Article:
Thursday, August 25, 2011


Through a chink too wide...

We have tested and tasted too much, lover-
Through a chink too wide there comes in no wonder.
But here in the Advent-darkened room
Where the dry black bread and the sugarless tea
Of penance will charm back the luxury
Of a child's soul, we'll return to Doom
The knowledge we stole but could not use.

And the newness that was in every stale thing
When we looked at it as children: the spirit-shocking
Wonder in a black slanting Ulster hill
Or the prophetic astonishment in the tedious talking
Of an old fool will awake for us and bring
You and me to the yard gate to watch the whins
And the bog-holes, cart-tracks, old stables where Time begins

Advent ~ Patrick Kavanagh


Sue said...

This is just ... oh, wonderful. Thanks for posting.

Kent said...

I can just hear you saying......Oh now that's just yummy :-)

Sue said...

It is yummy :) It tastes better each time I read it.

Also really cool - just before I read it I'd sat down and started sketching out an idea for a poem, and it was one of those synchronicity moments that always curl my toes :)

Kent said...

Sue, I had posted these thoughts on Fb after waking up this morning and the quote "Through chink too wide" came to mind. I couldn't remember the rest of the poem so I googled that part of it. And did I ever stumble upon a deeper treasure. I found this poem that it was taken from.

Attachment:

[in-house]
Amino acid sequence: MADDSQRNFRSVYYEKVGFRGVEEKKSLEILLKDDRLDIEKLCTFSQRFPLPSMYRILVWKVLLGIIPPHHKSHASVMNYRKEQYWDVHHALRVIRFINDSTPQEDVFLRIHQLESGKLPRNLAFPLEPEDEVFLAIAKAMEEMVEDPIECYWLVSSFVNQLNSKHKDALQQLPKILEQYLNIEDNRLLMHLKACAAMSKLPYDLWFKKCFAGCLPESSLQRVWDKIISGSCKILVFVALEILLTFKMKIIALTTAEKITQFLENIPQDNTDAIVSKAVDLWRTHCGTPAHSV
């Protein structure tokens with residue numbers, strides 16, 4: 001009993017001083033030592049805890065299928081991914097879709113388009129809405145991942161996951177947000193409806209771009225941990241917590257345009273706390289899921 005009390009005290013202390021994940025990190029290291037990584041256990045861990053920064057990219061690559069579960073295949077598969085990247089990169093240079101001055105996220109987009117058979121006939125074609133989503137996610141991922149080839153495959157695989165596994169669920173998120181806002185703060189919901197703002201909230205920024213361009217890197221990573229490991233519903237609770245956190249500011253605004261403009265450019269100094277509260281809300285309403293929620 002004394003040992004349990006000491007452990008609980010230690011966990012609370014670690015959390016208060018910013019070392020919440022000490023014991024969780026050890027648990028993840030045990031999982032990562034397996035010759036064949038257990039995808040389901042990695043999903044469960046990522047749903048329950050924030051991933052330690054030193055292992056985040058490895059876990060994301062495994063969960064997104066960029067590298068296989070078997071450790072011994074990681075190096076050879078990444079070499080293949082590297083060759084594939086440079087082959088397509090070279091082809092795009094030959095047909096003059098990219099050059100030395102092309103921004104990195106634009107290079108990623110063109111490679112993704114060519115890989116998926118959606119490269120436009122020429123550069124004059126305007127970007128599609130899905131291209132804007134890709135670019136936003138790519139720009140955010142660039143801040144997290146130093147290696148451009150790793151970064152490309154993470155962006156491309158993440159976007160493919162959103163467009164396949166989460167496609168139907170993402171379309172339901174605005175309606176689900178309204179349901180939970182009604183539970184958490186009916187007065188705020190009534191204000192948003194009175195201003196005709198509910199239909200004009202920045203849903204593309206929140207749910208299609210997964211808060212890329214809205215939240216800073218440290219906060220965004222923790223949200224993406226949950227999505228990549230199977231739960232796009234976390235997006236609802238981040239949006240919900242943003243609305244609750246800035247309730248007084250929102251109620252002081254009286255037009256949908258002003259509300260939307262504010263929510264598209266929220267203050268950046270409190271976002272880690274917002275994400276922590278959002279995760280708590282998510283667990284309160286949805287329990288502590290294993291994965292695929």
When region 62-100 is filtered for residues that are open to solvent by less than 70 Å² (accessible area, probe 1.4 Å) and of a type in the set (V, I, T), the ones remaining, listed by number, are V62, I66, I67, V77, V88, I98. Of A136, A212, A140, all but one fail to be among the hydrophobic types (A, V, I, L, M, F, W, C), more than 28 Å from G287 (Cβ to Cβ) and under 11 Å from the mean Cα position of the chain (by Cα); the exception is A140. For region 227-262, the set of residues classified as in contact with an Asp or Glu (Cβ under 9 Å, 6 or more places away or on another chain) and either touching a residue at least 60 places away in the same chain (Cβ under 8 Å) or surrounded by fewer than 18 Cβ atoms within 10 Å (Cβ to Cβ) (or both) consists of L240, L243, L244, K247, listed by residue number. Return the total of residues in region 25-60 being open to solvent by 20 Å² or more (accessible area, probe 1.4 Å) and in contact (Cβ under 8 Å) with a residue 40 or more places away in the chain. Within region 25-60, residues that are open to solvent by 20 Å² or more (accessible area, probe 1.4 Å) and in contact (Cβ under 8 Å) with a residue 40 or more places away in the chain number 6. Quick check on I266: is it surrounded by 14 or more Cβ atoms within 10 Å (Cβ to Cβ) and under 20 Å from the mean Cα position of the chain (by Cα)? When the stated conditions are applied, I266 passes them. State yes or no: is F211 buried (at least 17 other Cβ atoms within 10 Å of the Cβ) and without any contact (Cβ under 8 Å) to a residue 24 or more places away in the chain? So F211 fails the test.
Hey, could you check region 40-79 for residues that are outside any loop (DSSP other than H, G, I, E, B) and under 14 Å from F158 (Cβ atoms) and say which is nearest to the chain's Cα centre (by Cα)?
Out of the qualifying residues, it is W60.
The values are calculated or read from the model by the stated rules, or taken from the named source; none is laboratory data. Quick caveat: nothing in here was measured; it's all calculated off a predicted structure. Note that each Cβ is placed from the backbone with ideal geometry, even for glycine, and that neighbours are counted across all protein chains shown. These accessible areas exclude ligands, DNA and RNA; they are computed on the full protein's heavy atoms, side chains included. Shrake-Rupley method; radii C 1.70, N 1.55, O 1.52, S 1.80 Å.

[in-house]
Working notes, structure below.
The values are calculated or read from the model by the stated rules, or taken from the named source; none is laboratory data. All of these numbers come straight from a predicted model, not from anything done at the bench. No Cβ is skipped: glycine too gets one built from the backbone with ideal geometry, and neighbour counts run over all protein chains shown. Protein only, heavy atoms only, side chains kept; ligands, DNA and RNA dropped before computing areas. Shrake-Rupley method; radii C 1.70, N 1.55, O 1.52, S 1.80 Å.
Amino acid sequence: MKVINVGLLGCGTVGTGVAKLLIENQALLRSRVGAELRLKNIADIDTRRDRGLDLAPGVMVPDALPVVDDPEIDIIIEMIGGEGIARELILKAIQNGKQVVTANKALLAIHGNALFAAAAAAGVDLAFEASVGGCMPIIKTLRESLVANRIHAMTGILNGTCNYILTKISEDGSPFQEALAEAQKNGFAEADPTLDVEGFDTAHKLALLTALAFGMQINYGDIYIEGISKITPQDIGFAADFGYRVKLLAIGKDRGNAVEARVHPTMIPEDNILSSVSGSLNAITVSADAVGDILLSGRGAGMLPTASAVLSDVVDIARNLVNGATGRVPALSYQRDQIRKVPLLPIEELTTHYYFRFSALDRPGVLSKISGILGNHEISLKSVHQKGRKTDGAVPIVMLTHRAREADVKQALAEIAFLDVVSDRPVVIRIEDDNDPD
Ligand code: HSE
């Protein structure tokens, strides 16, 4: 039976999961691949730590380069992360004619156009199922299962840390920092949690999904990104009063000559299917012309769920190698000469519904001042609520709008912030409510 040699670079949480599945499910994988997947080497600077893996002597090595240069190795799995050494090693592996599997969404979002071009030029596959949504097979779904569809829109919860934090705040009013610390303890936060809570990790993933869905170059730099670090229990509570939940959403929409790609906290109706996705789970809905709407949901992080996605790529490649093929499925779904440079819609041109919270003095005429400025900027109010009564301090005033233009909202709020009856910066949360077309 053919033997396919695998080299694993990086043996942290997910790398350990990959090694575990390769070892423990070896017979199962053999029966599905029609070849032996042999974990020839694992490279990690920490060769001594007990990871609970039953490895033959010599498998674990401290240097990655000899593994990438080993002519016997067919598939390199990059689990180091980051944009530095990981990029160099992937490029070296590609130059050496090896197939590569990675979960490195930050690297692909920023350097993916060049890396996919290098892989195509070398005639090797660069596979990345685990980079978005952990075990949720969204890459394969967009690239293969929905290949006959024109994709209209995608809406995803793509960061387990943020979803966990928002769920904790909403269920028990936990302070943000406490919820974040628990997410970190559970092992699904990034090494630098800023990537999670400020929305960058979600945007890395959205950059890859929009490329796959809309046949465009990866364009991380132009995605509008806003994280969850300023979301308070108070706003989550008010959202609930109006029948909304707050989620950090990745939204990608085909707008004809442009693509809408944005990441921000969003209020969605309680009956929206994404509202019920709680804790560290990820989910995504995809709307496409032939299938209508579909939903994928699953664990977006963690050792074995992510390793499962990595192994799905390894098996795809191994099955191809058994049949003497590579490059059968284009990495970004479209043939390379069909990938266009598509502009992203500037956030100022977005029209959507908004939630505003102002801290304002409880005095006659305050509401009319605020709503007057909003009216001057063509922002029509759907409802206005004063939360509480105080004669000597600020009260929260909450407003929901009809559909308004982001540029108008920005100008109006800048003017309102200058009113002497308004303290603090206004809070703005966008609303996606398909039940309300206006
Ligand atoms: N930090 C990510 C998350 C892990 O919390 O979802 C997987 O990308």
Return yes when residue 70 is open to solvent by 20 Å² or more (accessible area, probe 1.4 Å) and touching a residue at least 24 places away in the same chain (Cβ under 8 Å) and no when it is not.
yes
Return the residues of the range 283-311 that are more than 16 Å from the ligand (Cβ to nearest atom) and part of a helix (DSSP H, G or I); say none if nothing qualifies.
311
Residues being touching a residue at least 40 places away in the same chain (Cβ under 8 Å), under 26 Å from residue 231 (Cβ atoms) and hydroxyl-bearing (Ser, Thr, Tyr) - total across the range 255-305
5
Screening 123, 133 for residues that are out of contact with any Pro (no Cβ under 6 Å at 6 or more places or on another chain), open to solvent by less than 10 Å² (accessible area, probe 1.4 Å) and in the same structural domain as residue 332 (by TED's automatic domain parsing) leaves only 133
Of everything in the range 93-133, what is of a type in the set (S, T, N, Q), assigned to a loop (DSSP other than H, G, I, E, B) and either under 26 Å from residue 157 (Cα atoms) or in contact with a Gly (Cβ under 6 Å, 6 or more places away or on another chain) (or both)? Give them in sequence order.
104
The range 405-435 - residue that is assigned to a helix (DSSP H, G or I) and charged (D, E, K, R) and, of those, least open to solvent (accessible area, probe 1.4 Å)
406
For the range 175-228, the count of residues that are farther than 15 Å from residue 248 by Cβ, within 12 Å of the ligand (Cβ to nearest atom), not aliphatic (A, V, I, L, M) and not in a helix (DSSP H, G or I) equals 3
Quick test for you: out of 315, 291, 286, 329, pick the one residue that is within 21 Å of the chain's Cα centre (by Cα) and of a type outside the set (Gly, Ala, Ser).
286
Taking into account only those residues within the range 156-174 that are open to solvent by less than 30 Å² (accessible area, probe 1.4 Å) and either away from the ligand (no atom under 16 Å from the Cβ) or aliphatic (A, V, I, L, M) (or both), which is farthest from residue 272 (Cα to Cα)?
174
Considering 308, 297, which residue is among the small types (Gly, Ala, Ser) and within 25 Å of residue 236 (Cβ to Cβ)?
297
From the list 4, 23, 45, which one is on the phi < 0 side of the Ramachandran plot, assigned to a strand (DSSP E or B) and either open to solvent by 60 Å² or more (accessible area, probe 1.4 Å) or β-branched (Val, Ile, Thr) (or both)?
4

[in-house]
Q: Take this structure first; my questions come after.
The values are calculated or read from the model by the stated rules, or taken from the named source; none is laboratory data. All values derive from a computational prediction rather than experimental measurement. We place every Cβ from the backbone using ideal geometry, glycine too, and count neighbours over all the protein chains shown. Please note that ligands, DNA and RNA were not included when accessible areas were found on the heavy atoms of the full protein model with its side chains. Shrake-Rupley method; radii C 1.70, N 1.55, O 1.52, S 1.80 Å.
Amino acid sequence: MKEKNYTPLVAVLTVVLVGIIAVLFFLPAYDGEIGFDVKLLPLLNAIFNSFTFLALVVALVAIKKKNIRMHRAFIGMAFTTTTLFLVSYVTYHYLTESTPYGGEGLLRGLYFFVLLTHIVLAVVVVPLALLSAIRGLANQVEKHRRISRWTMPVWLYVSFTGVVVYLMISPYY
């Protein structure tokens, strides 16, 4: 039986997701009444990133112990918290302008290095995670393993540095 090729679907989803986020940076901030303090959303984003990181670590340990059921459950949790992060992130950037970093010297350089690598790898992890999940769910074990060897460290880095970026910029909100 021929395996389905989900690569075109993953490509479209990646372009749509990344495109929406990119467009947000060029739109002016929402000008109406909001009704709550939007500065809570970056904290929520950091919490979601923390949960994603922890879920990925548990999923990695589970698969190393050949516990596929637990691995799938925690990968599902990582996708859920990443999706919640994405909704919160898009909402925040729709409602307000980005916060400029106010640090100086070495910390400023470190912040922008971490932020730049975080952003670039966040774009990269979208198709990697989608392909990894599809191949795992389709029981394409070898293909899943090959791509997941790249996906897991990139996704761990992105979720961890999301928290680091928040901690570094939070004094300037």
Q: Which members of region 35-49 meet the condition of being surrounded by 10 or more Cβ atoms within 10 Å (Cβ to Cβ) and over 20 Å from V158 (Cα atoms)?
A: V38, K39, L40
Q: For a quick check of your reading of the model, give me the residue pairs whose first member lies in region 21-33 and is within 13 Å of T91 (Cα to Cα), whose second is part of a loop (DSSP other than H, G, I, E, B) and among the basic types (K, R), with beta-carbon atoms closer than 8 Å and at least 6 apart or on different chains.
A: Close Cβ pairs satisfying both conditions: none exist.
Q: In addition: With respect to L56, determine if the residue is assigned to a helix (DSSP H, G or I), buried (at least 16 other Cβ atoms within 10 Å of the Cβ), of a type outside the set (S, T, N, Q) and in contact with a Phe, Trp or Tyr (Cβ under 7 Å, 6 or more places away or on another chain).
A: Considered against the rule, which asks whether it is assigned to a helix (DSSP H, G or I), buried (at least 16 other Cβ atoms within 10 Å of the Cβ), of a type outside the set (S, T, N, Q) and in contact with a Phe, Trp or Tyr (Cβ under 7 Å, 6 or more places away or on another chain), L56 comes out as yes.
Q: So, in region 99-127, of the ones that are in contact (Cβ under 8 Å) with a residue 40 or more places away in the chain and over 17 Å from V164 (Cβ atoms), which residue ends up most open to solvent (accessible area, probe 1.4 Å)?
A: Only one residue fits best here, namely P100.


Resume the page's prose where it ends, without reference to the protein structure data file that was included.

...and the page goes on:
Patrick Kavanagh happens to be the author of two other favorite poems of mine.

Here's a taste of another one.

‘Soul,' I prayed,
I have hawked you through the world
Of Church and State and meanest trade.
But this evening halter off,
Never again will it go on.
On the south side of ditches
There is grazing of the sun.
No more haggling with the world.

As I said these words he grew
Wings upon his back. Now I may ride him
Every land my imagination knew.

Kent said...

Oh, I forgot to post the thoughts that sent me on the google search. Here they are

In the same way it seems to happen at the close of winter, as spring is arriving, and one bud has the courage to break from the ranks of the deadness and begins to open and it is when we humans have been trapped in the deadness of the winter of the soul. Through one little crack in the mind, that up to that moment has kept us caged, a light shines and something fresh and new begins to move. And just like in spring, before you realize what's happened, beauty has come to life.

Sue said...

Gee, I'm having all these chest swellings reading these words. Beautiful poem, I must read more of him, his poetry is so beautiful.

As is yours. It amazes me over and over again, I don't think I will ever take for granted how much life there is everywhere, how it grows out of dead spaces, over and over, every day. Even if someone is living dead, there are still those Cohenic cracks where the light gets in :)

Kent said...

I love it when that happens.

The other poem I was thinking about turns out to be by Phillip Larkin.

I found these guys through John O'Donohue. You can hear him read Earth's Immeasurable Surprise in this youtube audio I put together.

Kent said...

The name of the poem is actually First Sight